The blood of the passover, sprinkled on each one's door-posts and lintel, delivered those who were saved in Egypt, when the first-born of the Egyptians were destroyed. For the passover was Christ, who was afterwards sacrificed, as also Isaiah said, 'He was led as a sheep to the slaughter.' And it is written, that on the day of the passover you seized Him, and that also during the passover you crucified Him. And as the blood of the passover saved those who were in Egypt, so also the blood of Christ will deliver from death those who have believed. Would God, then, have been deceived if this sign had not been above the doors? I do not say that; but I affirm that He announced beforehand the future salvation for the human race through the blood of Christ. For the sign of the scarlet thread, which the spies, sent to Jericho by Joshua, son of Nave (Nun), gave to Rahab the harlot, telling her to bind it to the window through which she let them down to escape from their enemies, also manifested the symbol of the blood of Christ, by which those who were at one time harlots and unrighteous persons out of all nations are saved, receiving remission of sins, and continuing no longer in sin.


By faith Moses celebrated the Passover and the sprink­ling of blood. -- God had something better in view for us. 

You know that you were redeemed with the precious blood of Christ as a Lamb without blemish and without spot. -- God had something better in view for us.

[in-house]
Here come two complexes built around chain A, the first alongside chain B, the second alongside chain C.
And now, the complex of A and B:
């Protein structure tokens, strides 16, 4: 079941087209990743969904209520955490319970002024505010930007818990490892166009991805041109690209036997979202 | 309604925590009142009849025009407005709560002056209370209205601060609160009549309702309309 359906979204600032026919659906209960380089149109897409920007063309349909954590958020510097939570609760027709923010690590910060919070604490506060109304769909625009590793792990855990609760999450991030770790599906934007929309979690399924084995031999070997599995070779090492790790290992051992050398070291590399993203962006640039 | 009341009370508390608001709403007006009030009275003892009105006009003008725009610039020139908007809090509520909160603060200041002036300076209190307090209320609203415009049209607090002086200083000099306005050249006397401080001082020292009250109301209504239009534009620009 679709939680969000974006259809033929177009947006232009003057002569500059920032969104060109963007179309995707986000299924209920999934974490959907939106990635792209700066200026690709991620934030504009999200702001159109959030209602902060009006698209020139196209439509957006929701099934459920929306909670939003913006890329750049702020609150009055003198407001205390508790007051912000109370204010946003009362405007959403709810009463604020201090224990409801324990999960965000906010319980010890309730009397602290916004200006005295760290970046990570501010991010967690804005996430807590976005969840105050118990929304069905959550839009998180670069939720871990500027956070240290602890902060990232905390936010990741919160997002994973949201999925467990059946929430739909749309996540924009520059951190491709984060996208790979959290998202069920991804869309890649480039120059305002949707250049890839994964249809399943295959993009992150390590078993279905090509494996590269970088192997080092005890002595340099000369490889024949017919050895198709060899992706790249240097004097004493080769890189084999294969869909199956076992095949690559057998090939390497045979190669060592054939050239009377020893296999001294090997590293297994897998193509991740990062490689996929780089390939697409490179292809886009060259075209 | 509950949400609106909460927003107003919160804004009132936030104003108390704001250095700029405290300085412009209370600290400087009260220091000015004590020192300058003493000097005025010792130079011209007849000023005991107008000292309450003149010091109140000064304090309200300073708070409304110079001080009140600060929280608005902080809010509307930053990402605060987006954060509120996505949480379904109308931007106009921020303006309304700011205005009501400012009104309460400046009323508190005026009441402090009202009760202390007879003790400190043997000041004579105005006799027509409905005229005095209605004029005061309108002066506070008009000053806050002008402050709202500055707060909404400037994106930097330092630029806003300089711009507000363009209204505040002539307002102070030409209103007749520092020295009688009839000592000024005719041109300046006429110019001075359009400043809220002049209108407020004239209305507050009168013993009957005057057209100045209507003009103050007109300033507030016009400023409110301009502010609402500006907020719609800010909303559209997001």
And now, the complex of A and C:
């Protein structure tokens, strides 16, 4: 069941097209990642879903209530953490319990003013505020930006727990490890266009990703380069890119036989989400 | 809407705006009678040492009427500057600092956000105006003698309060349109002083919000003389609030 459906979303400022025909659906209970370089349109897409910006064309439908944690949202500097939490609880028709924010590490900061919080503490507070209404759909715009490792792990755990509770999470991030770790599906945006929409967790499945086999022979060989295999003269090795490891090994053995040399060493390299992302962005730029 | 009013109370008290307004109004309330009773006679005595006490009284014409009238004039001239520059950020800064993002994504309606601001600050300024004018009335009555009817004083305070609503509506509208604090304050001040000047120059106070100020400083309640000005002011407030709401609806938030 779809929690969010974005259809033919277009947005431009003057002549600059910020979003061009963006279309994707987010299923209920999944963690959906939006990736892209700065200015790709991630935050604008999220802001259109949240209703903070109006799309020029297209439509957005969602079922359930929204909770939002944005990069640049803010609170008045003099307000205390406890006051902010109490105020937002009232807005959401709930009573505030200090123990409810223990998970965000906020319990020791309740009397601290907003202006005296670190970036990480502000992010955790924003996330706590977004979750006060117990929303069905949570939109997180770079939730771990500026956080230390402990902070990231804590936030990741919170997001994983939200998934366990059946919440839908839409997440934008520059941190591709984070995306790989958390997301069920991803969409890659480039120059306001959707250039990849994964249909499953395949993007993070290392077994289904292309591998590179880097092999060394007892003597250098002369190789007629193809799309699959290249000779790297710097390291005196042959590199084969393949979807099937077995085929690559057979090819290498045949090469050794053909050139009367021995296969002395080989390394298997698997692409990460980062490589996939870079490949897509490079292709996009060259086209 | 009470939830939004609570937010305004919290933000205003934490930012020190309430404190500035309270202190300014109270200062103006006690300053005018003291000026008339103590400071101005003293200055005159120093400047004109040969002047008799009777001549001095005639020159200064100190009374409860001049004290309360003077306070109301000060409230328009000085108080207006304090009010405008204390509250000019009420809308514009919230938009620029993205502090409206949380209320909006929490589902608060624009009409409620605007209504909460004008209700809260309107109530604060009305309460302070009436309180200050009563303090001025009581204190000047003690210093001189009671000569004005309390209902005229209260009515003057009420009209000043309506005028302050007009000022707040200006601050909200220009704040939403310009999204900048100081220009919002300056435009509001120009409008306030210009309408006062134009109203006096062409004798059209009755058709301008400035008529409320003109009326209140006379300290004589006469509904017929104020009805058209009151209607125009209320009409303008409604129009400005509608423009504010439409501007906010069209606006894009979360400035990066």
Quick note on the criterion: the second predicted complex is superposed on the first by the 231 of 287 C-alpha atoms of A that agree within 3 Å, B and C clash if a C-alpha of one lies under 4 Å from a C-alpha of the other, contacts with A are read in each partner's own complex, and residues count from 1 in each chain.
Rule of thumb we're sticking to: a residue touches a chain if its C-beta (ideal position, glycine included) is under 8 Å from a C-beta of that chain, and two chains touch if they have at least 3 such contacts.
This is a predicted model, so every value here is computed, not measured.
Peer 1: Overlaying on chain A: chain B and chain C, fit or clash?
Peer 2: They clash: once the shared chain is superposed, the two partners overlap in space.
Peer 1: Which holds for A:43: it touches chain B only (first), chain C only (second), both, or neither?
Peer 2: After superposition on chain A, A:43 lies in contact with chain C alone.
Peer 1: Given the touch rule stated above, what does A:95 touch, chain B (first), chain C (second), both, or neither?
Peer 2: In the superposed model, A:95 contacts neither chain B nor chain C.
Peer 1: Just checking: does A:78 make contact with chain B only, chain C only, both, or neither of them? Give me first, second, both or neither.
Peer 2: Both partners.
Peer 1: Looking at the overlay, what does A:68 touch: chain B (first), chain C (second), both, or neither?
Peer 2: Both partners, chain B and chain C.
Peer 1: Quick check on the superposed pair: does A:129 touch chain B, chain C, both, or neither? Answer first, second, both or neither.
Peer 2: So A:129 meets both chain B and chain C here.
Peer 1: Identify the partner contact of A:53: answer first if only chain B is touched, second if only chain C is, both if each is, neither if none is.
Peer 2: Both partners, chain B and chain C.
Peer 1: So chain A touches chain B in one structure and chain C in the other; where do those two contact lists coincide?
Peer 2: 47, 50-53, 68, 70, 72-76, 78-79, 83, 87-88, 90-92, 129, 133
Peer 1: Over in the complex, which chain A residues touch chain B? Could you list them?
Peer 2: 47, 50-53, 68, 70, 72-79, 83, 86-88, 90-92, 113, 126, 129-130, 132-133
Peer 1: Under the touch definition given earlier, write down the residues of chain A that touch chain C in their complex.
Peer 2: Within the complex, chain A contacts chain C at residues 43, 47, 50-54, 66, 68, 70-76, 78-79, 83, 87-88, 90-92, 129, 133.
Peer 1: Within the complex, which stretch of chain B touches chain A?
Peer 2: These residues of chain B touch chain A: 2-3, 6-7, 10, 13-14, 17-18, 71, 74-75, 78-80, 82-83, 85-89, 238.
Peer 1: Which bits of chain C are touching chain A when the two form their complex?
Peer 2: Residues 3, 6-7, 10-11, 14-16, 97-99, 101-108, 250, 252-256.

Day 3

 A reading from the Book of Exodus (24:3-8)

Moses came and told the people all the words of the Lord and all the ordinances; and all the people answered with one voice, and said, ‘All the words that the Lord has spoken we will do.’ And Moses wrote down all the words of the Lord. He rose early in the morning, and built an altar at the foot of the mountain, and set up twelve pillars, corresponding to the twelve tribes of Israel. He sent young men of the people of Israel, who offered burnt-offerings and sacrificed oxen as offerings of well-being to the Lord. Moses took half of the blood and put it in basins, and half of the blood he dashed against the altar. Then he took the book of the covenant, and read it in the hearing of the people; and they said, ‘All that the Lord has spoken we will do, and we will be obedient.’ Moses took the blood and dashed it on the people, and said, ‘See the blood of the covenant that the Lord has made with you in accordance with all these words.’

From a homily “On the Holy Resurrection of Christ” by St. Epiphanius of Salamis (+403)